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Tropical Fish Index

Ghost Shrimp - Callianassa californiensis

ghost shrimp


Origin The range is from Alaska to El Estero de Punta Banda, Baja California
Maximum Size: The male shrimp is 3 inches long and the female is 2 inches long.
Care: They do well in warmer temperatures, though they can survive in waters that are as cold as the upper 50 degree Fahrenheit range. It has been observed that in very warm temperatures, Ghost Shrimp become much more active, and they have been reported to become so aggressive as to attack fish in warm temperatures. In cooler temperatures, they are quite peaceful and it is the Ghost Shrimp who are in danger of fish attacks. Shrimp should have some plants to hide in, particularly if they are kept with fish that might eat them.
Feeding: In an aquarium, Ghost Shrimp will feed on soft algae in tanks and any fish food that falls to the bottoms of their aquarium. They have been known to do well on flake fish food, as well. In the wild on the other hand ghost shrimp will feed on detritus in the mud that collects on the fine hairs on its legs. The hairs of the third maxillipeds scrape the prospective food off the legs and pass it forward to the mouth. It also receives food by digesting microorganisms from the mud that goes through its digestive system.
Breeding: They are easy creatures to breed, the females carry their pink eggs on the underside of their carapace, they should be moved into a seperate tank if you wish the babies to survive, the young are too small to catch and so you must move the female while she is still carrying the baby ghost shrimp. It is essential to provide plenty of plants or other small hiding places in the aquarium for the young Ghost Shrimp. After the babies have hatched, the parent Ghost Shrimp should be removed. In order to successfully raise the young, they should be fed on baby brine shrimp, in addition to liquifeed (fry) food or minute algae.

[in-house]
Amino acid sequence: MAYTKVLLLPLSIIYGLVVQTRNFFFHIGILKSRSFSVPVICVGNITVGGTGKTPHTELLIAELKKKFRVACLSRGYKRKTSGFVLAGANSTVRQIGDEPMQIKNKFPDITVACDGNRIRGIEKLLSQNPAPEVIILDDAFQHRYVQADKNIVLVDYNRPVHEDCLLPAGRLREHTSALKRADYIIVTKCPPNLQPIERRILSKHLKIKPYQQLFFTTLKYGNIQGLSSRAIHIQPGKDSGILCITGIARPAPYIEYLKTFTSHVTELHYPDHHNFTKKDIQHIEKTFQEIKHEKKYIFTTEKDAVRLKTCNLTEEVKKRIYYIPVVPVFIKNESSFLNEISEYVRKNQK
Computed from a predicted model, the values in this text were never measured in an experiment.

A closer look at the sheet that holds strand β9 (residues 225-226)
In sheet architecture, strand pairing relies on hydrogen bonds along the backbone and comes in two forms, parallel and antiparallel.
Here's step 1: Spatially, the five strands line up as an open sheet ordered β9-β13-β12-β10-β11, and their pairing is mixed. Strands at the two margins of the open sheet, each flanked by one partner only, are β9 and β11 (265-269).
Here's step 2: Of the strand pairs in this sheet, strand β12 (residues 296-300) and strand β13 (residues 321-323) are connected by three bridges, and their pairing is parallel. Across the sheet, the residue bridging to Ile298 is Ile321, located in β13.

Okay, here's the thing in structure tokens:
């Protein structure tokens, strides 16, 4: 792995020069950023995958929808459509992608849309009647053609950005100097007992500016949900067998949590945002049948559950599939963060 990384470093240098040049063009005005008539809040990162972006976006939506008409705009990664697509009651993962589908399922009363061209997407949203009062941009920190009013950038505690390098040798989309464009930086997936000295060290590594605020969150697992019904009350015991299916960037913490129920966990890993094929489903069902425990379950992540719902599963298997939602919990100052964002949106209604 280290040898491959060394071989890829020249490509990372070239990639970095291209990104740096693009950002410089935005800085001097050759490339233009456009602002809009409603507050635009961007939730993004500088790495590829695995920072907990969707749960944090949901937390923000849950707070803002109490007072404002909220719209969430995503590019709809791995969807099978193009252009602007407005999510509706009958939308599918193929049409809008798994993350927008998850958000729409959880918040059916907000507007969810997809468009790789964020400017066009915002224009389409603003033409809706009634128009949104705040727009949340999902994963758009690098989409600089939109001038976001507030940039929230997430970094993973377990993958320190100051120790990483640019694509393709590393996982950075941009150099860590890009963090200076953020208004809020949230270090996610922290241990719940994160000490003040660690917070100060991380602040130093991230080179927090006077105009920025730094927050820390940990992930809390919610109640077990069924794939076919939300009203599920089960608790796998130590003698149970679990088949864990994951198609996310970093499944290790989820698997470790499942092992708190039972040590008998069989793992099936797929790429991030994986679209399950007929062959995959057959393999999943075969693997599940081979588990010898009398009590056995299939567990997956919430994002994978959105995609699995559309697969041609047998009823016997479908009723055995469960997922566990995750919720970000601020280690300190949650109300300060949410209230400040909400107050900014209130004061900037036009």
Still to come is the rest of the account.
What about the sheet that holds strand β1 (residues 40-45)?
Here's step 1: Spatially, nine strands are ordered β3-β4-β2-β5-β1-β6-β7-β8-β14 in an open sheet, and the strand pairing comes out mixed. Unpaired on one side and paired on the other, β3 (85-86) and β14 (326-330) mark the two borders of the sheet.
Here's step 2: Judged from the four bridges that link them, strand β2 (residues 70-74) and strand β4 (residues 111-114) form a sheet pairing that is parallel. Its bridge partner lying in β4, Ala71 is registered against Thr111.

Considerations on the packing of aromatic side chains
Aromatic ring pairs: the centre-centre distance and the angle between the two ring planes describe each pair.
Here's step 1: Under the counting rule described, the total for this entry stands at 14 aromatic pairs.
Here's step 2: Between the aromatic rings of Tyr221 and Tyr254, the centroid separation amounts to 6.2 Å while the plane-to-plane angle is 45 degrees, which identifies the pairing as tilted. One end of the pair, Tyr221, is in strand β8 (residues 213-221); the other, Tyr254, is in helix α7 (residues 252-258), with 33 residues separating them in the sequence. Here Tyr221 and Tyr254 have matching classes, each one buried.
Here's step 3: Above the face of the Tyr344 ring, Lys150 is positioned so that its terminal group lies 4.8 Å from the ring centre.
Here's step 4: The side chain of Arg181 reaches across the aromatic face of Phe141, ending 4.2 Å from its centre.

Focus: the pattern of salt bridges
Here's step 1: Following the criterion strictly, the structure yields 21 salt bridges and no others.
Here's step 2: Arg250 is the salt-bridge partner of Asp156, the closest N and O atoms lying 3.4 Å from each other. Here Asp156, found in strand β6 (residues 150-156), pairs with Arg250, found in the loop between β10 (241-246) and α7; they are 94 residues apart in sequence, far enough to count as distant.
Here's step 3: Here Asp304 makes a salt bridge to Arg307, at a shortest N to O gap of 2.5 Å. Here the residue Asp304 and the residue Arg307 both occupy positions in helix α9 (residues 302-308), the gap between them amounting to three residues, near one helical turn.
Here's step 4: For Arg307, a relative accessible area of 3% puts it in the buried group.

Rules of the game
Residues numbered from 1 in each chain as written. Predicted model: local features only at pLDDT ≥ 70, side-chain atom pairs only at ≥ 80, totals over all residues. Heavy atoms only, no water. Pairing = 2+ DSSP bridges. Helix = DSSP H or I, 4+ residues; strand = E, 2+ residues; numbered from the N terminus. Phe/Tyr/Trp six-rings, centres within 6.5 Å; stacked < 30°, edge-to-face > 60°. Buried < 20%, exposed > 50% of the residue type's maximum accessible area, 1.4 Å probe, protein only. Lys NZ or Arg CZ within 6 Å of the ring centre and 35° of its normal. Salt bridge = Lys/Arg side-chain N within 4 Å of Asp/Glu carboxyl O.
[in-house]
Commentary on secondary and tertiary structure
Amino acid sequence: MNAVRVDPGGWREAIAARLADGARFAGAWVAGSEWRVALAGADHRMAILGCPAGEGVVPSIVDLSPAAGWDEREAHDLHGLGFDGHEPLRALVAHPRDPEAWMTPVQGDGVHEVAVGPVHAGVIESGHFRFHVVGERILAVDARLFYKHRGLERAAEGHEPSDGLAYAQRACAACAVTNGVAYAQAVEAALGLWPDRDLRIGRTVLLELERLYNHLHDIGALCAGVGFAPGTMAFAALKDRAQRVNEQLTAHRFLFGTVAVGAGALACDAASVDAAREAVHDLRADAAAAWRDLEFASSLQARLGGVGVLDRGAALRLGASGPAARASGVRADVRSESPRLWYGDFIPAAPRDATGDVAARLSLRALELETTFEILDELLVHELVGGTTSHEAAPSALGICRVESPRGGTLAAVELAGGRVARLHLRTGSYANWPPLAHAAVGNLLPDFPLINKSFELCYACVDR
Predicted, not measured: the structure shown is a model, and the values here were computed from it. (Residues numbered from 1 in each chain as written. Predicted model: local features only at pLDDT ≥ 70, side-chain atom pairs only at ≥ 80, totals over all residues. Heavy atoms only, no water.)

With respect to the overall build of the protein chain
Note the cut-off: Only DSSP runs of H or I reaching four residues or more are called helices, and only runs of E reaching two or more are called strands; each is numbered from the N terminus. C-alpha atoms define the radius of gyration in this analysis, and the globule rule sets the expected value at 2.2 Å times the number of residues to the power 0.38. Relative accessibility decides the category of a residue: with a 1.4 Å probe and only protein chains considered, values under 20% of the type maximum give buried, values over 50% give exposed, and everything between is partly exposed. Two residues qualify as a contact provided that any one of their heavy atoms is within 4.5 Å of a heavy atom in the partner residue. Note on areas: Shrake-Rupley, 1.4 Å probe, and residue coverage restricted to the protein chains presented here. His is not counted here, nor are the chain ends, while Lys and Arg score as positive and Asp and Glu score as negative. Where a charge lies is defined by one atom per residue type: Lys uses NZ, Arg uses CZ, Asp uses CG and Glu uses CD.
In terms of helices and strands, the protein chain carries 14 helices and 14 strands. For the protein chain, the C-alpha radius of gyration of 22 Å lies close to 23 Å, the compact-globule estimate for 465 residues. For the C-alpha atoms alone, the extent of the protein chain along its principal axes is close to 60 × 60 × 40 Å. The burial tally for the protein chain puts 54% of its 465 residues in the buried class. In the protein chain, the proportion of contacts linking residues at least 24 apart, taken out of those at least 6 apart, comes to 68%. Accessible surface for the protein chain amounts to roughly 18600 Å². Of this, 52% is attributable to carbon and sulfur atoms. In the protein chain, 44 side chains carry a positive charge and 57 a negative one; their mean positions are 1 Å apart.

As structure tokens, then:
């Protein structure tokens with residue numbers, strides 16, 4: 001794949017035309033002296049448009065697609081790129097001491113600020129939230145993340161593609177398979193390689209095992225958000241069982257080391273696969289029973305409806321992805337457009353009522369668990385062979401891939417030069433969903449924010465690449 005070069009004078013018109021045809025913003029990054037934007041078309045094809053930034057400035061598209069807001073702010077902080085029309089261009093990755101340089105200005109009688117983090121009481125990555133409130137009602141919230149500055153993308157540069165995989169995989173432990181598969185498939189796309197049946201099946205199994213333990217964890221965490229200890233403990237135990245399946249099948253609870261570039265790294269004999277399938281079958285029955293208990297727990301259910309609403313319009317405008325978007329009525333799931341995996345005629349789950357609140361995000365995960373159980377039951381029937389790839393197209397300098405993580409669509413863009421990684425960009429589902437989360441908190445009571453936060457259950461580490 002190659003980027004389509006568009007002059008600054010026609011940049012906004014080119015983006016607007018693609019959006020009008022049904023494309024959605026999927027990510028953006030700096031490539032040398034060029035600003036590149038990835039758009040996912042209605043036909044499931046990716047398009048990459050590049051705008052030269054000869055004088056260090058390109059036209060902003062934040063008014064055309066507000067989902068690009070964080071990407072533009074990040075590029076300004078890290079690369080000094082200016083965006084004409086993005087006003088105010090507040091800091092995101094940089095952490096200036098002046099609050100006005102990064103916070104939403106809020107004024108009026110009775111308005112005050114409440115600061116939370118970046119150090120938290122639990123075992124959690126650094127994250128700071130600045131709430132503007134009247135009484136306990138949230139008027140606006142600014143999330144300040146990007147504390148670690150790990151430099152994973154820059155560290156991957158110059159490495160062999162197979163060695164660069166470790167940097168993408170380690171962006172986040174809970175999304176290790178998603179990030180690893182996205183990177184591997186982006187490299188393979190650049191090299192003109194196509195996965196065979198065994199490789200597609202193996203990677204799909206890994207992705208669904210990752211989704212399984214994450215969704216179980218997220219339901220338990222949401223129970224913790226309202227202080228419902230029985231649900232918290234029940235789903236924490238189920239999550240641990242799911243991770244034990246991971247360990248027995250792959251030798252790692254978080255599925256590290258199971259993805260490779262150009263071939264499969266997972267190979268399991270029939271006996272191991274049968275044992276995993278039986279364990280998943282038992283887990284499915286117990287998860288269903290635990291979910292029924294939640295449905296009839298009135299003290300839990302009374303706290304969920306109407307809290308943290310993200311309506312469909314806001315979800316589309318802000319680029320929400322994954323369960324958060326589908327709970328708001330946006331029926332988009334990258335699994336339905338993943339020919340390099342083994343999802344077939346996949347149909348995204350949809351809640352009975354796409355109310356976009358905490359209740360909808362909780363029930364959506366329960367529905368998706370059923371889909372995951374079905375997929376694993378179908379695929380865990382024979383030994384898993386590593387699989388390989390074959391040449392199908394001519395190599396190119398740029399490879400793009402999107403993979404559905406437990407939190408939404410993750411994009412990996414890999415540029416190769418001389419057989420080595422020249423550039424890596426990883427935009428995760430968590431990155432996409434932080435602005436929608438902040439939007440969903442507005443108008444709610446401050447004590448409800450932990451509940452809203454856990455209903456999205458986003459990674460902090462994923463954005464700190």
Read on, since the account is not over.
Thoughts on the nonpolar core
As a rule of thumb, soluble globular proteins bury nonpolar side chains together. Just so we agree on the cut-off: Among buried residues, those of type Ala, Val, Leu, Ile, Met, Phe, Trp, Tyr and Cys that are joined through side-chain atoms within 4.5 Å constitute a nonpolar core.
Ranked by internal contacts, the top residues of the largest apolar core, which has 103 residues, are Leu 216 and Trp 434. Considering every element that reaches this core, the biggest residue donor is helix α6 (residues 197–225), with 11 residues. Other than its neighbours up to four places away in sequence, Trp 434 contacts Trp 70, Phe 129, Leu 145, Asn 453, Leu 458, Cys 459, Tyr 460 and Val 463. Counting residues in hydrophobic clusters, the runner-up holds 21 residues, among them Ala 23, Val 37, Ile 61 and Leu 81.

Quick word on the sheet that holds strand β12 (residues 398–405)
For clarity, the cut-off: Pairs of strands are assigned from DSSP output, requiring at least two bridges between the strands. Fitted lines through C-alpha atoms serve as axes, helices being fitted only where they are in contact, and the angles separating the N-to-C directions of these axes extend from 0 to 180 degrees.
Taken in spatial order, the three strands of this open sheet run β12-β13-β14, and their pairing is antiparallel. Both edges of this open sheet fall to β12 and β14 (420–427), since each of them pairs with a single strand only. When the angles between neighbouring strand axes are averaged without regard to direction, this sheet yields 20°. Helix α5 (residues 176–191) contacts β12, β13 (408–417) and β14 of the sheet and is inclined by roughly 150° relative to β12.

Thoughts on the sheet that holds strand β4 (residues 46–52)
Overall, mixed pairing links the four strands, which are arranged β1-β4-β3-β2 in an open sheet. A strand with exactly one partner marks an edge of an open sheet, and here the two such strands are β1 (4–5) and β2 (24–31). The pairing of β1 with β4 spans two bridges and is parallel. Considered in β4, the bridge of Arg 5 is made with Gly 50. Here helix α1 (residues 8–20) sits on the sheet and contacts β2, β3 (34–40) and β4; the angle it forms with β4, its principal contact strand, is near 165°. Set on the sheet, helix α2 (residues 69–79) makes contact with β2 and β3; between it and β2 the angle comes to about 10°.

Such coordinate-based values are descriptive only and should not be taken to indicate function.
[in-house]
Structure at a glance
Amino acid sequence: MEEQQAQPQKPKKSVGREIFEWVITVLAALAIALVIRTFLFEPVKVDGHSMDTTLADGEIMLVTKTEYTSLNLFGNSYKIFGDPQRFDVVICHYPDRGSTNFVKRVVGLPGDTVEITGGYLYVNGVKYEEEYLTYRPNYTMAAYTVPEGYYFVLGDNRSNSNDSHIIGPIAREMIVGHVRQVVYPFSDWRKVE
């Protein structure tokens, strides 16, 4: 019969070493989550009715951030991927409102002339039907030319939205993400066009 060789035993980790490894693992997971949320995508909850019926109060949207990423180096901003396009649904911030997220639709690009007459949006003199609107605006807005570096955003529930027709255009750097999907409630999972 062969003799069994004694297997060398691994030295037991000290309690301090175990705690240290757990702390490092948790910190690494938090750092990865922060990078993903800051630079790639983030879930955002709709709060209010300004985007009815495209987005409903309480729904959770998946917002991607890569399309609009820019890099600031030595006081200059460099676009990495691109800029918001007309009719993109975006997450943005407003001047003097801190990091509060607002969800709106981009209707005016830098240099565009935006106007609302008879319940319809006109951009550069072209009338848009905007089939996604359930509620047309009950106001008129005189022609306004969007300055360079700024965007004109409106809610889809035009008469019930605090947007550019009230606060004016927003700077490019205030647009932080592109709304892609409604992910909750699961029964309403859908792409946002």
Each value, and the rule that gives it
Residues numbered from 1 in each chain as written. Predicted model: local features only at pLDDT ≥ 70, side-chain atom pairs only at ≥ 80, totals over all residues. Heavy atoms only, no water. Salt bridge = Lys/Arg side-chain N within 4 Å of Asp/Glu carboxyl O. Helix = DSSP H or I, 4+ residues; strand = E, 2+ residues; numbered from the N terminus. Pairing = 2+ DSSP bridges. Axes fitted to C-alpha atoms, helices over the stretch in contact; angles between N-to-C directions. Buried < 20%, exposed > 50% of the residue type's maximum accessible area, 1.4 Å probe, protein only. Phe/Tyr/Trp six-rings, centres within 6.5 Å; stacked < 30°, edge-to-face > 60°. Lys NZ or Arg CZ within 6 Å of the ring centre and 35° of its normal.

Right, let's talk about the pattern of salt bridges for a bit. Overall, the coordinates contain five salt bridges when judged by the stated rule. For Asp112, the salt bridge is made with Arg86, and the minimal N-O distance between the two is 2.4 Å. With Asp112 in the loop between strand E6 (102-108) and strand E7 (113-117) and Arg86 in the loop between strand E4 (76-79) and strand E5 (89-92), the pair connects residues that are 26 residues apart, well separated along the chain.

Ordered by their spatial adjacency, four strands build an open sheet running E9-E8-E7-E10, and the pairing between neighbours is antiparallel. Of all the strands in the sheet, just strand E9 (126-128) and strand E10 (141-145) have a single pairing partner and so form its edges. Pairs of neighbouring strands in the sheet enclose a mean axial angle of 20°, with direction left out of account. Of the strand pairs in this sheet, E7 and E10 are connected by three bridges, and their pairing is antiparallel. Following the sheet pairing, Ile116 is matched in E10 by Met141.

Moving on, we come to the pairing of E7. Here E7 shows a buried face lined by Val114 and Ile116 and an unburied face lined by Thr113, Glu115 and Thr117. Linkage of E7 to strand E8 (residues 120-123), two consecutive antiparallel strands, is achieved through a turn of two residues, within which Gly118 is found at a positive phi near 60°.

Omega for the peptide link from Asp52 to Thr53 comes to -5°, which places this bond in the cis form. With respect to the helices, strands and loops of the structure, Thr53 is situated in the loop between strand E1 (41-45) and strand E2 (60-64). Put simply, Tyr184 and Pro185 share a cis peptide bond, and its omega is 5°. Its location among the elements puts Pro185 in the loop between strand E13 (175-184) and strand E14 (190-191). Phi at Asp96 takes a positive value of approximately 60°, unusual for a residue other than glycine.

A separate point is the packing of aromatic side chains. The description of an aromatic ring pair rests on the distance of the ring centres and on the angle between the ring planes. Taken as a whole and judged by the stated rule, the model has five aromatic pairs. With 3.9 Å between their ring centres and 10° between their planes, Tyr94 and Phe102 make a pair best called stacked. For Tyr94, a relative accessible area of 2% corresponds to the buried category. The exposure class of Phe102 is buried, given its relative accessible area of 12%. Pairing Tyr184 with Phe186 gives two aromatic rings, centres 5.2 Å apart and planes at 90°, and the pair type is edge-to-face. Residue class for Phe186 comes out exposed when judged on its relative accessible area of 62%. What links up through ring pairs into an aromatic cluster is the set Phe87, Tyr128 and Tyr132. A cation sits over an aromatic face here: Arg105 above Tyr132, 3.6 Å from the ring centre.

Sexing: When of adult size the males will be approximately one whole inch bigger than the females, the females may also be carrying pink eggs on their undersides.
Comments: The ghost shrimp is pale pink to orange with the male possessing one claw that is much larger. It burrows to feed and digs its two to three foot deep burrow with the claws of the first and second legs. It uses these legs to draw the sandy mud backward and collecting it in a receptacle formed by another pair of legs. When the receptacle is full, the shrimp crawls backward, reverses itself in a special turn around chamber and then deposits its load outside. The burrows are not permanent. A number of branches and turnaround chambers are found in the burrows and they have at least two openings to the surface. The shrimp use their pleopods to produce some circulation of sea water through the burrows. The pencil-sized openings of the burrows are typically in the middle of little piles of sand or sand with small pebbles.
All the legs are specialized with some being used for walking, some for bracing the animal in its burrow and others are used for personal cleaning. Ghost shrimp are always busy because if they stop digging then they start cleaning themselves or vice versa. Ghost shrimp have few natural predators. Humans dig them with a shrimp gun and use them as fish bait.
The ghost shrimp is also surprising long lived. A 10 cm individual excluding appendages may be 10 years old and many reach an age of 15 or 16 years old.
The ghost shrimp has other organisms that live in its burrow and these include the pea crab Scleroplax granulata, scale worm, Hesperone complanata, a small clam, Csyptonya californica whose siphons open into the burrow and not the surface, and a little goby, Clevelandia ios.



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